Israel Independence Day: Celebrating a Country Worth Loving
The celebration of Israel’s 67th birthday begins tonight and, like millions around the world, I proudly join in that celebration. Like any 67-year-old, the modern State of Israel is not perfect; it carries the bruises and scars that life inevitably brings, especially for a nation surrounded by so many others who would wish her out of existence.
And for a nation which is only 67 years old – so young for a country – Israel is still very much a work in progress, and far from perfect. And yet with those imperfections, things which neither can nor should be ignored and swept under the rug, there is so much to celebrate even for those who are not as deeply in love with what Israel is as I am.
If you think that Israel is perfect, think again. Of course very few people actually think that, and yet they love the place nonetheless.
Consider this Buzzfeed list of 51 things that will likely surprise you about Israel – things which range from the sublime to the mundane (Israel has the third highest rate of entrepreneurship in the world, and the highest rate of entrepreneurship among women and people over 55 in the world), if not the ridiculous: the fact that the world’s largest pepper was grown in Israel’s Moshav Ein Yahav, as recorded by Guinness World Records in 2013.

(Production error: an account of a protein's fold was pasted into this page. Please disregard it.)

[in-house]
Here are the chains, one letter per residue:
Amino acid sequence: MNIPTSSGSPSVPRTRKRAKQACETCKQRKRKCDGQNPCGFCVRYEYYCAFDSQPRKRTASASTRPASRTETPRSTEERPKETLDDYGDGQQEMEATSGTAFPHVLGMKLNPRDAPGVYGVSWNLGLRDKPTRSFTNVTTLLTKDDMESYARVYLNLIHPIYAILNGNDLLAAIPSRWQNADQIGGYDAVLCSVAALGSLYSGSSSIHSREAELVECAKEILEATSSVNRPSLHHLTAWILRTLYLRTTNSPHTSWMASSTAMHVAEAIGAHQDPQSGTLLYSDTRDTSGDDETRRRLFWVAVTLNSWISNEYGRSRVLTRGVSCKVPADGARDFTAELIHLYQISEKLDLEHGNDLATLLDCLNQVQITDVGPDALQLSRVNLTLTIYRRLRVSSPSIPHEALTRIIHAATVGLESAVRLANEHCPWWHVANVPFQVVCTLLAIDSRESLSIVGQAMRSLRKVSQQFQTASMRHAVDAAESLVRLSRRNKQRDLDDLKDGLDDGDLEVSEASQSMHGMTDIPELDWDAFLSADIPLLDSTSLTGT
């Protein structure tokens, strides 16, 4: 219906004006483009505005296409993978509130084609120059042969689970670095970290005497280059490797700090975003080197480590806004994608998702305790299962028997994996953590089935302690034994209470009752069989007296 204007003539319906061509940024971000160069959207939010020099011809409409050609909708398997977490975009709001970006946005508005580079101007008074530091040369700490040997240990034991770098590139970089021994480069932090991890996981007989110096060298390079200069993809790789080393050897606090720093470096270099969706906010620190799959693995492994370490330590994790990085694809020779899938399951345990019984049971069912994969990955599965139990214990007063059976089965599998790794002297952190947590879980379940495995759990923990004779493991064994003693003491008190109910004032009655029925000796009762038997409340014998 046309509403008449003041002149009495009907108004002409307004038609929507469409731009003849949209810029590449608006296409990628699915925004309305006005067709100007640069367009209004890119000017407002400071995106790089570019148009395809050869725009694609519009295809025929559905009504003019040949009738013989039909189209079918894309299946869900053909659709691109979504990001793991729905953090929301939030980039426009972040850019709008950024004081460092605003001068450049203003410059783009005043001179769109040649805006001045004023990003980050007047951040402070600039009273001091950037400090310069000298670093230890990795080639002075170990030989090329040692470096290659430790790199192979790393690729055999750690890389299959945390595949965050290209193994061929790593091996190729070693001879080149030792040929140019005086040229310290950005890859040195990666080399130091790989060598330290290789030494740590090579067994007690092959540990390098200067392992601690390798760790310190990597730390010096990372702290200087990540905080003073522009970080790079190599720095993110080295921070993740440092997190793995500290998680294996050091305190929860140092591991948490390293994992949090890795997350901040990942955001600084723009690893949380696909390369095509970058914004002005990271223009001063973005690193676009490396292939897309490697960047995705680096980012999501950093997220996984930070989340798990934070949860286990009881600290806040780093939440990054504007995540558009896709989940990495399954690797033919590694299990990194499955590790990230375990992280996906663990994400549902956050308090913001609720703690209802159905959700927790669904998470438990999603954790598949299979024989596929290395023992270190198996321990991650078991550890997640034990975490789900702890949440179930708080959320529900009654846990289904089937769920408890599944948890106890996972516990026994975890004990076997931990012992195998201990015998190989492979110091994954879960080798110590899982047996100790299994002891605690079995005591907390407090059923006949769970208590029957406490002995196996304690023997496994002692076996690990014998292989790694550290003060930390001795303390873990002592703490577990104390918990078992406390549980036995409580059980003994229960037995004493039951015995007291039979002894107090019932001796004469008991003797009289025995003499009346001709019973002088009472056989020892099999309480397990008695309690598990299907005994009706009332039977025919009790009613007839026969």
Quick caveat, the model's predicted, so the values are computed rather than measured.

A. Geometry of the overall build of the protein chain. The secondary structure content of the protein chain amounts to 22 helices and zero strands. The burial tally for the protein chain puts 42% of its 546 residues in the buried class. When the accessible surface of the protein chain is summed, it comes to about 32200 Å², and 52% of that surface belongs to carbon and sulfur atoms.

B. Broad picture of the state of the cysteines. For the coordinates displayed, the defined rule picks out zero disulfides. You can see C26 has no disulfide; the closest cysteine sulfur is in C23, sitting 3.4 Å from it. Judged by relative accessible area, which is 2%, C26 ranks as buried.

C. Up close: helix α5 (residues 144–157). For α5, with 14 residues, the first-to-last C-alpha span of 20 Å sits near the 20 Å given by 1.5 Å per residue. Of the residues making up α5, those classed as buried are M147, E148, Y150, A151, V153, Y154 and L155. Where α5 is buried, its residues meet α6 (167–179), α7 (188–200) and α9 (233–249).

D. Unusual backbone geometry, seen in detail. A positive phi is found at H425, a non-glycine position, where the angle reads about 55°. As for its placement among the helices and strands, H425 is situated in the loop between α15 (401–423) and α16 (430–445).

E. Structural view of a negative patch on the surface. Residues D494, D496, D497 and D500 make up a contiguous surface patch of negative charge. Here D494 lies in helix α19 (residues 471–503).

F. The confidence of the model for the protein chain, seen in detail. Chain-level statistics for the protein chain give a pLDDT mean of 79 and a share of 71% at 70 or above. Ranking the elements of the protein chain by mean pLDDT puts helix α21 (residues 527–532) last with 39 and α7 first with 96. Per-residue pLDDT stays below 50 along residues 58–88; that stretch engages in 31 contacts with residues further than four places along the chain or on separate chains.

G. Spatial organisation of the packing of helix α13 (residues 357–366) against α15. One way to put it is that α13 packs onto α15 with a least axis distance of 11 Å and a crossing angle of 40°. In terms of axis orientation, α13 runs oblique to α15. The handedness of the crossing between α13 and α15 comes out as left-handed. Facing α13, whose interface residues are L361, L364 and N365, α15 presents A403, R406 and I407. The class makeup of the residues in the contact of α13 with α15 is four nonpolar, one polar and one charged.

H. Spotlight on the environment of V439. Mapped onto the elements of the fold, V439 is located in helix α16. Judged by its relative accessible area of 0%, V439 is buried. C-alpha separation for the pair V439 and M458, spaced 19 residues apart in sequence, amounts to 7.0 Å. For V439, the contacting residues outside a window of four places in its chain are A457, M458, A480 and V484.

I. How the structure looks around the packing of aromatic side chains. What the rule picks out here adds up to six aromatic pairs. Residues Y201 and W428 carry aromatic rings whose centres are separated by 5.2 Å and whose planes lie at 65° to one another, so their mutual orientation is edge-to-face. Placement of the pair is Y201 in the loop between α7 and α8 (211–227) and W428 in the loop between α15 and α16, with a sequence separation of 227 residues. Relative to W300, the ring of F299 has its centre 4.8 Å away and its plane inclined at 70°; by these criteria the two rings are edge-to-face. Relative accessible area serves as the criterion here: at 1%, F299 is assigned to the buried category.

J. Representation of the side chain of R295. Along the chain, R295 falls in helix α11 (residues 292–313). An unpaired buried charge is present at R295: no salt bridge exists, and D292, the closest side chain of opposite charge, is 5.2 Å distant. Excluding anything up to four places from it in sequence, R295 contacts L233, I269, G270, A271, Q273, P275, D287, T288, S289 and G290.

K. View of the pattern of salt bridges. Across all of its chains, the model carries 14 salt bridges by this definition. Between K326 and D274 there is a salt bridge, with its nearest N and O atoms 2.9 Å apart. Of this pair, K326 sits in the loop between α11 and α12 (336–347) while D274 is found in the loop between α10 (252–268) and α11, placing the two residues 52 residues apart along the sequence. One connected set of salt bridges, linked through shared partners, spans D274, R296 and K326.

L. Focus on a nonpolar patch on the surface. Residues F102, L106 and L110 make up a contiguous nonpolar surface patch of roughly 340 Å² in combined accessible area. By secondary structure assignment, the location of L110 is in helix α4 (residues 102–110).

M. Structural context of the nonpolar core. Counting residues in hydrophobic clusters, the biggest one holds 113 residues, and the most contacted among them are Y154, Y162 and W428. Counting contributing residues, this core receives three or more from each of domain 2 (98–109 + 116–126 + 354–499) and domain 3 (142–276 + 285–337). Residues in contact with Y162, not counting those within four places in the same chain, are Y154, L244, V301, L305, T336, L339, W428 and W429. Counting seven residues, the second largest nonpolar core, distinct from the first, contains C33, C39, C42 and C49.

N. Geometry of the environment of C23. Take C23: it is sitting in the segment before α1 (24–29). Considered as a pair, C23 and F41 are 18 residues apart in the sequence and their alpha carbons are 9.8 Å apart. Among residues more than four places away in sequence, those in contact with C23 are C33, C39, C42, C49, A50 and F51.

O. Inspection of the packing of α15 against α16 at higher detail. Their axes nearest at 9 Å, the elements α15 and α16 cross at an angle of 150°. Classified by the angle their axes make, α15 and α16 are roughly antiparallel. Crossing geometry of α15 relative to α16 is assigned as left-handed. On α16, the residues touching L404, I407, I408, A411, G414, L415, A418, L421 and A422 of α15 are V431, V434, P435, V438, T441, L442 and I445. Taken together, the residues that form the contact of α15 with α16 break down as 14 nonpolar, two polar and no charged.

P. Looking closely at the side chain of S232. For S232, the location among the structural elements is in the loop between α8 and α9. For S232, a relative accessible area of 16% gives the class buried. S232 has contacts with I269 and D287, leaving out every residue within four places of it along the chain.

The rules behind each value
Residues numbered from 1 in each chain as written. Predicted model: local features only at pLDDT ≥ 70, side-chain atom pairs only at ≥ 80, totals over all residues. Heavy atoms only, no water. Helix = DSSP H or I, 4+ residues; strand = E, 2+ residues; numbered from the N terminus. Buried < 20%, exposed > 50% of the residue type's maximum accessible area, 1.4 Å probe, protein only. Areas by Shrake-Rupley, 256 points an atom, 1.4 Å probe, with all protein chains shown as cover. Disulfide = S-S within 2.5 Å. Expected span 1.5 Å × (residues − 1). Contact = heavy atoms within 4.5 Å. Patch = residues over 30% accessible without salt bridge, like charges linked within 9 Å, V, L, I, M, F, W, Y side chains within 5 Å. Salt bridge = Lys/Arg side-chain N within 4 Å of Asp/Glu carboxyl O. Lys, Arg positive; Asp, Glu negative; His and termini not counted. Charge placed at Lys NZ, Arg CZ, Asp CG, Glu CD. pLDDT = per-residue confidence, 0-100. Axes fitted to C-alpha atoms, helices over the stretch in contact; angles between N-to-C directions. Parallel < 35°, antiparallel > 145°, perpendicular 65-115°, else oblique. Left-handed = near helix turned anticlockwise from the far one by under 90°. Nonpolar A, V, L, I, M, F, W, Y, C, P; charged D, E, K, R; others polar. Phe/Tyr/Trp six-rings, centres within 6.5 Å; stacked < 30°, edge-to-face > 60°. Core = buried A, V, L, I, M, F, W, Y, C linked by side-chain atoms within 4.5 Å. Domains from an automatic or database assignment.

I believe the most telling, however, is the fact that Israelis have the third highest rate of consumption of both sweets and of vegetables. What a perfect way to summarize that Israel is a place which contains both of these: truly healthful, life-affirming practices and policies, and some that are quite a bit less so (even if they feel good going down, to some). And no, I’m not going to delineate here which are which. I would simply suggest that however any of us view Israel, it contains more of the other side than we often take time to realize.
Now if you think that Israel is perfect, think again. Of course very few people actually think that, and yet they love the place nonetheless. Wonder why? Re-read the list. And if you think Israel is a disaster, think again, as well. It’s always easier to make our love – or our hate for that matter – contingent on a simplistic, “all or nothing at all” approach. But while it’s easier, it’s almost never wiser.
If nothing else, just as Israelis have learned how to metabolize both healthy vegetables and unhealthy sweets in their lives, perhaps we could all do the same in our relationship with the county as a whole. Written for the Huffington Post by Ali Rizvi as a way to think about last year’s war with Gaza, “7 Things to Consider Before Choosing Sides in the Middle East Conflict” models just that approach. While I don’t agree with everything Rizvi writes, he demonstrates a remarkable ability to appreciate both the sweets and the spinach.
When it comes to Israel, I wish more people could do that. I know that the world would be better off if they did so – just as I know that the world truly is a better place for having Israel in it. Happy birthday, Israel!
April 22, 2021
April 20, 2021